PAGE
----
Friday, June 07, 2013

“When Comedy Went To School” – Movie Review



This week, the Summer semester of my movie class began and we saw the documentary “When Comedy Went To School”, narrated by comedian – actor Robert Klein.


During several decades of the 20th century, many New York City residents – mostly Jewish families – would spend at least part of their summer vacation at one of the many resorts in The Catskill Mountains (often referred to as simply The Catskills), an area in upstate New York approximately 75 miles north of Manhattan. The resorts included various kinds of entertainment and many of the acts would make a living by booking engagements at each of the hotels in the area; working the various Catskill resorts became known as The Borscht Belt Circuit.

Among the types of entertainers that performed at these resorts were comedians – many of whom went on to great success beyond merely The Borscht Belt Circuit. These included such renowned filmmakers as Jerry Lewis, Mel Brooks, Woody Allen and a host of others. Typically, these people would begin their career at the resort with a job as a busboy or kitchen assistant, then working their way up to what was called a “tummler” – basically, a clown that would periodically entertain poolside guests by performing outrageous acts like dropping and breaking a tray full of plates or diving fully-clothed into the pool.  If they were lucky, they would someday graduate to before actually go on stage.

By the late 1960’s, however, times, tastes and values began to change in that culturally volatile time. Ultimately, fewer people were spending their summers vacationing in the Catskills; one by one, many of the resorts either began to close down altogether or they would remain open, but only as a shell of their former entities. Despite this, the resorts proved to be a training ground for generations of comedians who used the opportunity to hone their craft by learning not only what it took to keep an audience engaged, but also how to refine jokes they had written.


Some documentaries are targeted to a very narrow group of viewers – and boy, is “When Comedy Went To School” one of them. Other than comedy junkies interested in the historical aspects, I would imagine this would be limited to older Jewish New Yorkers who not only remember that era but also vacationed in the Catskills on at least a semi-regular basis. That said, however, I just so happen to be one of those comedy junkies and as a result, found that there’s a great deal to like about this film – among them, interviews with comedians of that period reminiscing about their time in The Catskills as well as long-time and former guests of the various resorts recalling the many acts they saw that later became famous.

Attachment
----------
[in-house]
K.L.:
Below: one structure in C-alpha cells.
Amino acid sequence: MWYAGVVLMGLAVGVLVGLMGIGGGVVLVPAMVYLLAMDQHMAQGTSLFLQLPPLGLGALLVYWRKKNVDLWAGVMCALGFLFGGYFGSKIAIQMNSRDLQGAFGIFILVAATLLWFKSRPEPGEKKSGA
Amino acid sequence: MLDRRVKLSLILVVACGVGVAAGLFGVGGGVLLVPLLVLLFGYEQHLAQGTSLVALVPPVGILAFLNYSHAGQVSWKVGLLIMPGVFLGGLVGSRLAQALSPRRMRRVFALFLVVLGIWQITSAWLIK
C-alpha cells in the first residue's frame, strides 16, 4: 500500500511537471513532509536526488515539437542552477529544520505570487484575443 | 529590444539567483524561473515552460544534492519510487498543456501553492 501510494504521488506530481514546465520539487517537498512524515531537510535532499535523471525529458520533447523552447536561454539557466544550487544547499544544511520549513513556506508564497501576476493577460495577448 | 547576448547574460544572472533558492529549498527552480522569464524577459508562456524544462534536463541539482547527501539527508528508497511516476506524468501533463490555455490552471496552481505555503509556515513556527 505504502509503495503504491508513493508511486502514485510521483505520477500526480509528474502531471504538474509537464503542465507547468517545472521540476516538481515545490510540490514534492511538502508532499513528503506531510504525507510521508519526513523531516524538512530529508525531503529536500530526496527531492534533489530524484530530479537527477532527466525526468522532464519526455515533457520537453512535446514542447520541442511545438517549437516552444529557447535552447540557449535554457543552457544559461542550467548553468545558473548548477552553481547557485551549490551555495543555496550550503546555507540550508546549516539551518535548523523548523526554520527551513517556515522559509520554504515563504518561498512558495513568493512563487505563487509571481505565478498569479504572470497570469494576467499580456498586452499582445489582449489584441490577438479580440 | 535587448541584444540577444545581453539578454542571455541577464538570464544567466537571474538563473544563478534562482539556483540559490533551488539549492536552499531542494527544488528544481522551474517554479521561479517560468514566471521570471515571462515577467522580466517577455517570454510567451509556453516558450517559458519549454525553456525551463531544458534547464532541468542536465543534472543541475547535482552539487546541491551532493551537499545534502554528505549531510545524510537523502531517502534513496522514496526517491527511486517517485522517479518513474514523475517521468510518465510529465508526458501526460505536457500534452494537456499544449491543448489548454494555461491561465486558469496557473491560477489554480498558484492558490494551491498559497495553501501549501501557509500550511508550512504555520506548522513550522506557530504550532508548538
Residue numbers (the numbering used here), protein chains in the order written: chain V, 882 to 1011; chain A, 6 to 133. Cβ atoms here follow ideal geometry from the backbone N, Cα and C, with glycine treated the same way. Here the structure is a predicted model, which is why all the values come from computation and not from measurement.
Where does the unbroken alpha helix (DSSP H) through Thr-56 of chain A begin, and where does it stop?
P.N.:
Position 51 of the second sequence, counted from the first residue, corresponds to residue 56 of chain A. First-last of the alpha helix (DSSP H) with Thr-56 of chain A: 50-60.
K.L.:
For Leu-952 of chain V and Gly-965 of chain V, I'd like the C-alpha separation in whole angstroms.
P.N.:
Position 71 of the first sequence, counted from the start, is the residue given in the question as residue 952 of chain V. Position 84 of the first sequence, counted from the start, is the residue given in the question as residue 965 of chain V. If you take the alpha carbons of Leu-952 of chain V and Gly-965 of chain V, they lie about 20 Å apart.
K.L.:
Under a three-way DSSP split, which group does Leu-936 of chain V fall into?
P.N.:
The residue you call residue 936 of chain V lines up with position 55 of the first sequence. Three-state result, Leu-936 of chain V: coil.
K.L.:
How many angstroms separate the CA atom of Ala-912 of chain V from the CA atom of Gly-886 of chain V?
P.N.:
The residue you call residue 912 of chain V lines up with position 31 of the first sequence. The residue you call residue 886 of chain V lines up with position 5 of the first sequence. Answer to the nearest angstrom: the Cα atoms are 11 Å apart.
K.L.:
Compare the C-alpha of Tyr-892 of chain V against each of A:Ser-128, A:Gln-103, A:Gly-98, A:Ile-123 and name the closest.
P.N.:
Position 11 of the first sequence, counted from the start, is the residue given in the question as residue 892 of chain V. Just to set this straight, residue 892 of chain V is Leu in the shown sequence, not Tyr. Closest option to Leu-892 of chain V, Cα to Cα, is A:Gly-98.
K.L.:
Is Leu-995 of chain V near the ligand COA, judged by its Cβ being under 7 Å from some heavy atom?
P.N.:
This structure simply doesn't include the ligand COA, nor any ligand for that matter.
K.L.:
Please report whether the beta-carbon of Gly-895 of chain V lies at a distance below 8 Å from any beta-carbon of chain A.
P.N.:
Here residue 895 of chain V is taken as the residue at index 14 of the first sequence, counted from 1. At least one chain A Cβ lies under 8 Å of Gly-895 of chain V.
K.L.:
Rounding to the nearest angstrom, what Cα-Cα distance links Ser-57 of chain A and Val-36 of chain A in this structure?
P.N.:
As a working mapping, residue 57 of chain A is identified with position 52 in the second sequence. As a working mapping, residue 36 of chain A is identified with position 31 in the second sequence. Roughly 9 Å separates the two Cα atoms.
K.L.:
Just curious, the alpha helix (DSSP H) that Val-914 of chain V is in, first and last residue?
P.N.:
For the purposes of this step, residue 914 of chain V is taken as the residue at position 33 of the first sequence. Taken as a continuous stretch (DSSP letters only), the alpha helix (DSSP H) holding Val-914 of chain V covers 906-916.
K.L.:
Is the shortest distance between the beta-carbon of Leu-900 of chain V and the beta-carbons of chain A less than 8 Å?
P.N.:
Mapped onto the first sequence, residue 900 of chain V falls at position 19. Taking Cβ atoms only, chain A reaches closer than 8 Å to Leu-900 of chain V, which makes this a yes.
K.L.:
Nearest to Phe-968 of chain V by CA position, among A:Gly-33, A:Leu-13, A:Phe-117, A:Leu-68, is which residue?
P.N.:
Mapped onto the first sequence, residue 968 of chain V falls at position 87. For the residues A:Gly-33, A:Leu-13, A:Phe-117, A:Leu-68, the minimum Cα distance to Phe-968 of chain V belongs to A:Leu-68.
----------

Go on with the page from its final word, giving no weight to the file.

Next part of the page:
Where the documentary falls apart for me is with the script, which calls for some cheesy recreations to simulate scenes from that era. Further, some of the dialog that sometimes on-screen narrator Robert Klein is burdened with seems to make attempts at weak humor crammed-in with a brute force approach for whatever reason. As a whole, I think the film would have turned out better if the filmmakers just had more faith in the subject matter and spent less time trying to appear entertaining – certainly, many of the interviewees were entertaining enough themselves.

Following the screening, our instructor interviewed the film’s narrator, Robert Klein. Klein was his usual hilarious self and told a great many stories about his own background as a youth working as a waiter at one of the Catskills resorts. Additionally, it turns out he can do a pretty good imitation of Rodney Dangerfield and wound up telling an amusing story about how he saved Dangerfield’s life long ago. Quite the raconteur, Klein also told about his experiences working with the late composer Marvin Hamlisch on the hit Broadway musical, “They’re Playing Our Song”.

If you want to see a trailer for this movie, please click on this link to be taken to the film’s official Web site:  “When Comedy Went To School”.


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